‘To kill you? Is that why they’ve brought you back?’ You can see why on paper this looked like a good idea: opening the 20th anniversary series with the first Gallifrey story since 1978, some overseas filming and the return of both an old friend and an old enemy. It’s a slightly longer list of requirements than a writer might usually have – but only slightly. It’s not like The Five Doctors.
But rather than seeing this as an opportunity, writer Johnny Byrne seems to have found these requirements a distraction, and it shows. Gallifrey has none of the majesty of Traken. Partly that’s a design fault – the sofa in a corridor only the most egregious example of sets that don’t even have the faded grandeur of The Invasion of Time. However, the script also makes the Time Lords even less noble than usual – Damon clocks off and wishes a colleague ‘good night’, Cardinal Zorac declares the affair a ‘damnable business’ and no-one seems in the least bothered about the massive data protection breach. The High Council looks stiffer than the Time Lords on Rassilon’s tomb, immobile in their giant, creaking collars, all sitting facing the camera like they’re in Grace Brothers’ canteen. I quite like the ghostly figure making contact with the shadowy traitor (obviously Hedin), but in general everything on Gallifrey feels like it’s been written to please Ian Levine. It’s a massive contrast to the desperate crisis that grips the place at the start of The Three Doctors.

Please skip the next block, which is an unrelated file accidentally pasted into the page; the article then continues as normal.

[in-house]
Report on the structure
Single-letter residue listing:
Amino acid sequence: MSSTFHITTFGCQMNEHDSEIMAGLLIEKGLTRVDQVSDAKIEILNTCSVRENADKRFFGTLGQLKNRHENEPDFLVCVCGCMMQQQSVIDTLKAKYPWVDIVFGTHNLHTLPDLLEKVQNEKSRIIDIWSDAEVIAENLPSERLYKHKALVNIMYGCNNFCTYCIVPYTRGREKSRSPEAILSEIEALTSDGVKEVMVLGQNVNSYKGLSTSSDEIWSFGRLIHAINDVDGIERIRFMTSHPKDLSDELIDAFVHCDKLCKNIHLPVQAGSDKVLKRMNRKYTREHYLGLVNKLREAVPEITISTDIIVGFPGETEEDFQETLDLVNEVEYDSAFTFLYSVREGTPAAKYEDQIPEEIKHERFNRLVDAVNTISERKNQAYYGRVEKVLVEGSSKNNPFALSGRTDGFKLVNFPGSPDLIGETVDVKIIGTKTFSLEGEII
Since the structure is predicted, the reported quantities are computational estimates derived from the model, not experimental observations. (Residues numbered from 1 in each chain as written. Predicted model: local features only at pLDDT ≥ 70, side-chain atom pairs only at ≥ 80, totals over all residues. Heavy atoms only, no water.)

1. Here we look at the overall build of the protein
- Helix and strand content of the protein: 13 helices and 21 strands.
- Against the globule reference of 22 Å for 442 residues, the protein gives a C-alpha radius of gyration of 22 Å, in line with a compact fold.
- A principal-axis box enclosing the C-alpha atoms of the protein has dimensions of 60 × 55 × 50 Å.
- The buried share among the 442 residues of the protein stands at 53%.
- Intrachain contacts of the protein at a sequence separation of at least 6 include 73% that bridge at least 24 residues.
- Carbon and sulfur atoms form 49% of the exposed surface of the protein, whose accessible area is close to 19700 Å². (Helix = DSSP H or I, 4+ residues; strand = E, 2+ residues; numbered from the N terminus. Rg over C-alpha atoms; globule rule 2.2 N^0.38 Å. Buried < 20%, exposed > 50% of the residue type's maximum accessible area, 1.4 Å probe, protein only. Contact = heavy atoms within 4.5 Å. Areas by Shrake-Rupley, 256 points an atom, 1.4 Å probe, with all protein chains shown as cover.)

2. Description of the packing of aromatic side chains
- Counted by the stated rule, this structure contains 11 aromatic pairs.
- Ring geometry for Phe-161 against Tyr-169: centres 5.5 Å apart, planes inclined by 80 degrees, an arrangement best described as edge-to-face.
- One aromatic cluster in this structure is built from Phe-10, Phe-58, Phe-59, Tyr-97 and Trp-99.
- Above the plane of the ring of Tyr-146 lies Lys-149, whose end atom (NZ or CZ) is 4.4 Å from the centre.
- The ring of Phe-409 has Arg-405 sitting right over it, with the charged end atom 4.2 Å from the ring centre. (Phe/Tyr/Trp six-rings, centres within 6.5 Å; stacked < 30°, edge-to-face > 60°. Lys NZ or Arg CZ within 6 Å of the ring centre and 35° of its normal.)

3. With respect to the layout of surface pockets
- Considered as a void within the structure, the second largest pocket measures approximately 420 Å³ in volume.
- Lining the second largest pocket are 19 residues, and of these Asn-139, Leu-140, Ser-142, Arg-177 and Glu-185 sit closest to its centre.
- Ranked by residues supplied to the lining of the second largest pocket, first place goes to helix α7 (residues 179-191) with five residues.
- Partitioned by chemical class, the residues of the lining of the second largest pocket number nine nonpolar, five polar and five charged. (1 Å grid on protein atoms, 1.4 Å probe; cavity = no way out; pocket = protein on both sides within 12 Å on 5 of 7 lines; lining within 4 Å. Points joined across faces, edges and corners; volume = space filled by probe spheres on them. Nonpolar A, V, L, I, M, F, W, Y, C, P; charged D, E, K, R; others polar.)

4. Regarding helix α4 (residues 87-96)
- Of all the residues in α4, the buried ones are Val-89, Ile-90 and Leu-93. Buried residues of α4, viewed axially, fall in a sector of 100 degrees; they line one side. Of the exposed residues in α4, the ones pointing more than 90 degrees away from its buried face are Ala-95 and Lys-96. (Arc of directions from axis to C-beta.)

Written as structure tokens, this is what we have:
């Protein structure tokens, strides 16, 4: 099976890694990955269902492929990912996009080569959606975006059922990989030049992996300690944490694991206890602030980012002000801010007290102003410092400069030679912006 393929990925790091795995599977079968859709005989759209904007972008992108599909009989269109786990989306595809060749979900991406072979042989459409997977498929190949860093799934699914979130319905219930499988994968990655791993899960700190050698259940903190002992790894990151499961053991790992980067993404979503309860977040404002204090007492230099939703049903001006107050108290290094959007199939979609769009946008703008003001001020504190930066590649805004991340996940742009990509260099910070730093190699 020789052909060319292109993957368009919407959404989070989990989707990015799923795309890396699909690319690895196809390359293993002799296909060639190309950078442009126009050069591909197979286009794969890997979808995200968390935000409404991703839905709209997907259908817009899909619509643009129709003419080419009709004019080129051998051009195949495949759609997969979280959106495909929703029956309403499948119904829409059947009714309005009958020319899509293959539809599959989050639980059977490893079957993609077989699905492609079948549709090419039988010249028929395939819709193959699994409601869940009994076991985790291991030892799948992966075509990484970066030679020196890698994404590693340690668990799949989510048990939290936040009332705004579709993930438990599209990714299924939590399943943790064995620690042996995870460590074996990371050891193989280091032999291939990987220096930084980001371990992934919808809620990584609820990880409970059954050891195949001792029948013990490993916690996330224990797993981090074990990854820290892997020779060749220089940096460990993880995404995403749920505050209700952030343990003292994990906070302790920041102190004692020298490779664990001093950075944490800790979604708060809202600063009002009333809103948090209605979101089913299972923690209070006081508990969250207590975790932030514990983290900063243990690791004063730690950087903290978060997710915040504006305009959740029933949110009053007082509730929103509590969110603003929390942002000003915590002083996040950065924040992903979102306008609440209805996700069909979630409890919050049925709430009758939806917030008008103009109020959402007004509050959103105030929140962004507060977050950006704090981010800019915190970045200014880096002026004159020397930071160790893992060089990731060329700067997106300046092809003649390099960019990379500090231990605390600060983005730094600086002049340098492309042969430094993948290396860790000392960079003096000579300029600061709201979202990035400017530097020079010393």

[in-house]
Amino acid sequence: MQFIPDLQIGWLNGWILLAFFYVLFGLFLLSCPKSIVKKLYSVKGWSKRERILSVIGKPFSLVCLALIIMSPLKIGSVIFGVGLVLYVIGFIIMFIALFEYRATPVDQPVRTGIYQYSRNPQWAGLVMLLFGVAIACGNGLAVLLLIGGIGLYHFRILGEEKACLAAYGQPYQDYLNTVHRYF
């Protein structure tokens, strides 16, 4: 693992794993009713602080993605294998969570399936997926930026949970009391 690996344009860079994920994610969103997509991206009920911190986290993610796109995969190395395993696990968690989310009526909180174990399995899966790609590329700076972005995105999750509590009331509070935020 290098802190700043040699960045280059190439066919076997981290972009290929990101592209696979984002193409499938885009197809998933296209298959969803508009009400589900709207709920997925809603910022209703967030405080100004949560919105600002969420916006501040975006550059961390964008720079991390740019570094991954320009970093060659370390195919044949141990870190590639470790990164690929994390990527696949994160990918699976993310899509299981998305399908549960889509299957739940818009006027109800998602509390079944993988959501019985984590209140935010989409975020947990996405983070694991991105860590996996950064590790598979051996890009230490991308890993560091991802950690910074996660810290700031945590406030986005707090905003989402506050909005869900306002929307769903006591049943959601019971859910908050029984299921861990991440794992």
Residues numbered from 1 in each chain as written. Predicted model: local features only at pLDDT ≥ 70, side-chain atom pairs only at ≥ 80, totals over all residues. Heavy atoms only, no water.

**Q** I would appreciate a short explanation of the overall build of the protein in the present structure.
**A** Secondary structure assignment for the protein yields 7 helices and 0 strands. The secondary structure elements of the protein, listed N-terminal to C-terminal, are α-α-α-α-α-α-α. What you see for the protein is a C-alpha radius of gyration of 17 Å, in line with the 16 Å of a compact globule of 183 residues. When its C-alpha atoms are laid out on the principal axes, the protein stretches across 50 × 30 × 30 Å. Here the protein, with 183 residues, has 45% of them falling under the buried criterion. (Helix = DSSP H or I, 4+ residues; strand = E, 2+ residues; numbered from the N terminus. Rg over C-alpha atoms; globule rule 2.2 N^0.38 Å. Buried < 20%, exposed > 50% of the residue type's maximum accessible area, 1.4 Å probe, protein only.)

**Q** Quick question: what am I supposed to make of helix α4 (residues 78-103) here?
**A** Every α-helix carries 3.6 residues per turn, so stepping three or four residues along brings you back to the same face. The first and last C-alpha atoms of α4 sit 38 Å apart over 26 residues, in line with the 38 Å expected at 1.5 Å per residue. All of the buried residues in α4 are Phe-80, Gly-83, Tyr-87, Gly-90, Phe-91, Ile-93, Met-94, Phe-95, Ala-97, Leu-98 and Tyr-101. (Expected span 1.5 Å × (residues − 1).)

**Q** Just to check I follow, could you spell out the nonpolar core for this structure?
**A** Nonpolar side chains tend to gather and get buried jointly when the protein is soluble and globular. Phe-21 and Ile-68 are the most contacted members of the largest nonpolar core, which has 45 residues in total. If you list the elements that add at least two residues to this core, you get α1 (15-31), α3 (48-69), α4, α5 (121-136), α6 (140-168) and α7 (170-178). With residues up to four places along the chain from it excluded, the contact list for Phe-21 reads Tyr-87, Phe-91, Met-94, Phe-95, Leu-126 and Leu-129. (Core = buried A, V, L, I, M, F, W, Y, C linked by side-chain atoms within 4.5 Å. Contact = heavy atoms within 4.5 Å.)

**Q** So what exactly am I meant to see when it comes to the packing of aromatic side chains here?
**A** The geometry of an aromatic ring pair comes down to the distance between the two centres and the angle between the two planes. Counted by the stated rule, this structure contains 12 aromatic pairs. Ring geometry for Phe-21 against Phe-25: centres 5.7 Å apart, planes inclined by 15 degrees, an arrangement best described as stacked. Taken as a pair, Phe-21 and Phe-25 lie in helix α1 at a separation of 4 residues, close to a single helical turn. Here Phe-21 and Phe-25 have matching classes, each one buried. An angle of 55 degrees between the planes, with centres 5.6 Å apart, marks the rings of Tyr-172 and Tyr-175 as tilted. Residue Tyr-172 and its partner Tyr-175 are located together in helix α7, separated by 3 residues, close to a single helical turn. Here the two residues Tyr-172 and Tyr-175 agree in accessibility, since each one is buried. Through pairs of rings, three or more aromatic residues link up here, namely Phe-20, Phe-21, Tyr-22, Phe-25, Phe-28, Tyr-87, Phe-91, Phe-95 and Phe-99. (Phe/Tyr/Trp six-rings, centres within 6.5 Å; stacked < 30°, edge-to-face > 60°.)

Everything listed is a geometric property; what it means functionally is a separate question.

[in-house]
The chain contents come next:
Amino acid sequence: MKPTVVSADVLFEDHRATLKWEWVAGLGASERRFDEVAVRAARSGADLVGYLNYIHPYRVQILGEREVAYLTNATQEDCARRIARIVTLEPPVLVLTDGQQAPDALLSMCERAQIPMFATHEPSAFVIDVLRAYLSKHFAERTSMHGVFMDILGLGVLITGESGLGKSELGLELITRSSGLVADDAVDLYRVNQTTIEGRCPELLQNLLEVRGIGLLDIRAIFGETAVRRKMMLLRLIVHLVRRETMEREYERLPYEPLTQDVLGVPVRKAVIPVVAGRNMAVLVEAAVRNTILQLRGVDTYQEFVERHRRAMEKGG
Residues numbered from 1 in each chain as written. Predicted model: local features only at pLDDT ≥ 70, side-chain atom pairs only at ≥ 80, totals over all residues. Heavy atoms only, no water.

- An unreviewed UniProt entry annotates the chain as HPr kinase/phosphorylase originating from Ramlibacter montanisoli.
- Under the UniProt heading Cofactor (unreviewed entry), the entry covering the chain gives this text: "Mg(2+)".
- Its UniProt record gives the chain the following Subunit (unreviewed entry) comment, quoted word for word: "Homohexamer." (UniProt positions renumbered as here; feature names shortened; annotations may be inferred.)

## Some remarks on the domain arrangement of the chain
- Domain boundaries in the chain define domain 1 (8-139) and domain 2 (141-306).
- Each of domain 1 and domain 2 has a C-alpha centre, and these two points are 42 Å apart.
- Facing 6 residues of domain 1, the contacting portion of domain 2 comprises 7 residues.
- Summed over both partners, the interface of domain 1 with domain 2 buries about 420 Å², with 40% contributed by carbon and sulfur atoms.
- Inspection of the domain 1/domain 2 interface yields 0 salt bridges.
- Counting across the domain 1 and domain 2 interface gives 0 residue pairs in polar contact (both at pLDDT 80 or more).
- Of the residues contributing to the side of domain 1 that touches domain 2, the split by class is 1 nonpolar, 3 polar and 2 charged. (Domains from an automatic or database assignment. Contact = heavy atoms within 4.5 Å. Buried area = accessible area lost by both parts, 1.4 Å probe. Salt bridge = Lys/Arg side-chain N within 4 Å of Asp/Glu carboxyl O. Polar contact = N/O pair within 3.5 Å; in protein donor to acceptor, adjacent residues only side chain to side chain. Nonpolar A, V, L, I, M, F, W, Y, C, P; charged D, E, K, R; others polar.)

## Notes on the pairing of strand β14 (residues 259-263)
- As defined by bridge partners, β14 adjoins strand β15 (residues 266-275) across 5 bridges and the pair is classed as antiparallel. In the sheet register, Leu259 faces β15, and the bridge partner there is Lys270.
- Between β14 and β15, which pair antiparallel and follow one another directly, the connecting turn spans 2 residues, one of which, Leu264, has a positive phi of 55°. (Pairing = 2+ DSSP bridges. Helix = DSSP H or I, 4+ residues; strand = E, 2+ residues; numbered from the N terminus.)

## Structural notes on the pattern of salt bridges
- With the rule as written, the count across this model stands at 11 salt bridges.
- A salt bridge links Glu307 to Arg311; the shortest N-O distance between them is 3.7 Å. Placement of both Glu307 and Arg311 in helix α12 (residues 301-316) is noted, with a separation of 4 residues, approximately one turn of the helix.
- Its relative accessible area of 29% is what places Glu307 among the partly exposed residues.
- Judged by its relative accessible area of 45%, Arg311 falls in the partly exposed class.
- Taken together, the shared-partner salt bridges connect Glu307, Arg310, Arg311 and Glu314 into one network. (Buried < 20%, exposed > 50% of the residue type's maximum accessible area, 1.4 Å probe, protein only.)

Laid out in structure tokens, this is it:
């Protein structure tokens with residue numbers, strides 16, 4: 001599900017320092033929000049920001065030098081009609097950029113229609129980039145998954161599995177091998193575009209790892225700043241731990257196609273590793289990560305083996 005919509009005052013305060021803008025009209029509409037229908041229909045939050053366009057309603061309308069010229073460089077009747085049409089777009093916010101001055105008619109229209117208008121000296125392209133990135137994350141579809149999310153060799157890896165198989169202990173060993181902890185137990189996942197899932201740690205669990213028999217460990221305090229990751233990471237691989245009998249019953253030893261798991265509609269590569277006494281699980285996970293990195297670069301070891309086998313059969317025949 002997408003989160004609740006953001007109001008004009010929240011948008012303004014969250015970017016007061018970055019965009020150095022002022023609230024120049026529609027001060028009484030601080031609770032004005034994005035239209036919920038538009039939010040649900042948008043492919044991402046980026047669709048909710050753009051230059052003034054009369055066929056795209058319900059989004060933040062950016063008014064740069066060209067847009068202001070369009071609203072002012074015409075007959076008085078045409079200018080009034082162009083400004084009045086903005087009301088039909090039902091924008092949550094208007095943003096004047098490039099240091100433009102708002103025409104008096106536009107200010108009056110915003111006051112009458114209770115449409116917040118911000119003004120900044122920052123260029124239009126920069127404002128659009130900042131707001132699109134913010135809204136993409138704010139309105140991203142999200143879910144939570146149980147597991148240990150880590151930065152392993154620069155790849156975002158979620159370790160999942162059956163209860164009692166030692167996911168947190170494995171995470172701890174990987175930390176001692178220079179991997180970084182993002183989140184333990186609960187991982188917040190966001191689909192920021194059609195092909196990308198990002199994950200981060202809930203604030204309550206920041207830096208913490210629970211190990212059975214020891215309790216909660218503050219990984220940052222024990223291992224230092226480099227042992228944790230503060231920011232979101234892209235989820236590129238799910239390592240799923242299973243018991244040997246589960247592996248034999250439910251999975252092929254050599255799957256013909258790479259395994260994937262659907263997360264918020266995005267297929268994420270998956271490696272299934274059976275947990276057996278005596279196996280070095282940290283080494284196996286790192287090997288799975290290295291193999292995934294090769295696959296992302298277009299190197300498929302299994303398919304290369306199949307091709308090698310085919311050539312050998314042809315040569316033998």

Meanwhile, the Doctor and Nyssa are pottering round the TARDIS doing odd jobs. These scenes are charming – Davison finally gets to inhabit his own Ship without tripping over three other actors, and he’s relaxed into the role, giving a much lighter and more natural performance than last season. Nyssa’s gentle nagging works a lot better than Tegan’s snippiness and sounds pretty much like the tone Leela or Romana might have taken. Sadly, the TARDIS getting invaded is becoming old hat by this point, having happened four times the previous year, which diminishes the surprise a bit but is probably par for the course when every serial seems to spend half its time in there. The Doctor makes the Arc of Infinity sound exactly like the Medusa Cascade: ‘the gateway to the dimensions.’
In Amsterdam, there are hints of life. Byrne is going for an American Werewolf vibe as two backpackers seek shelter in a crypt as night falls. It’s a shame this aspect is secondary to Gallifrey, because it’s much more fun. And it’s disappointing that the Ergon looks like it’s wandered out of another story entirely – pitching for something from Alien might have worked if this were meant to be a Lovecraftian outer space gothic, but something a bit more in keeping with Earthly horrors – like a zombie or the ghostly form of Omega – would have worked much better in this context. It’s again suggestive of a serial thrown together without much coherent thinking.
Neither does the direction help: Ron Jones includes a couple of nice touches, like a looming shadow and point of view shot when Hedin shoots Talor (we could have done without the ‘Impulse laser?’ comment), but other bits seem amateurish and half baked, like a cut from Nyssa discussing mystery on Gallifrey to a disconsolate Robin and only then to Maxil investigating on Gallifrey. Still, the show thrives on surprising juxtapositions, and at least the new season begins with plenty going on.
Next episode: Arc of Infinity – Part Two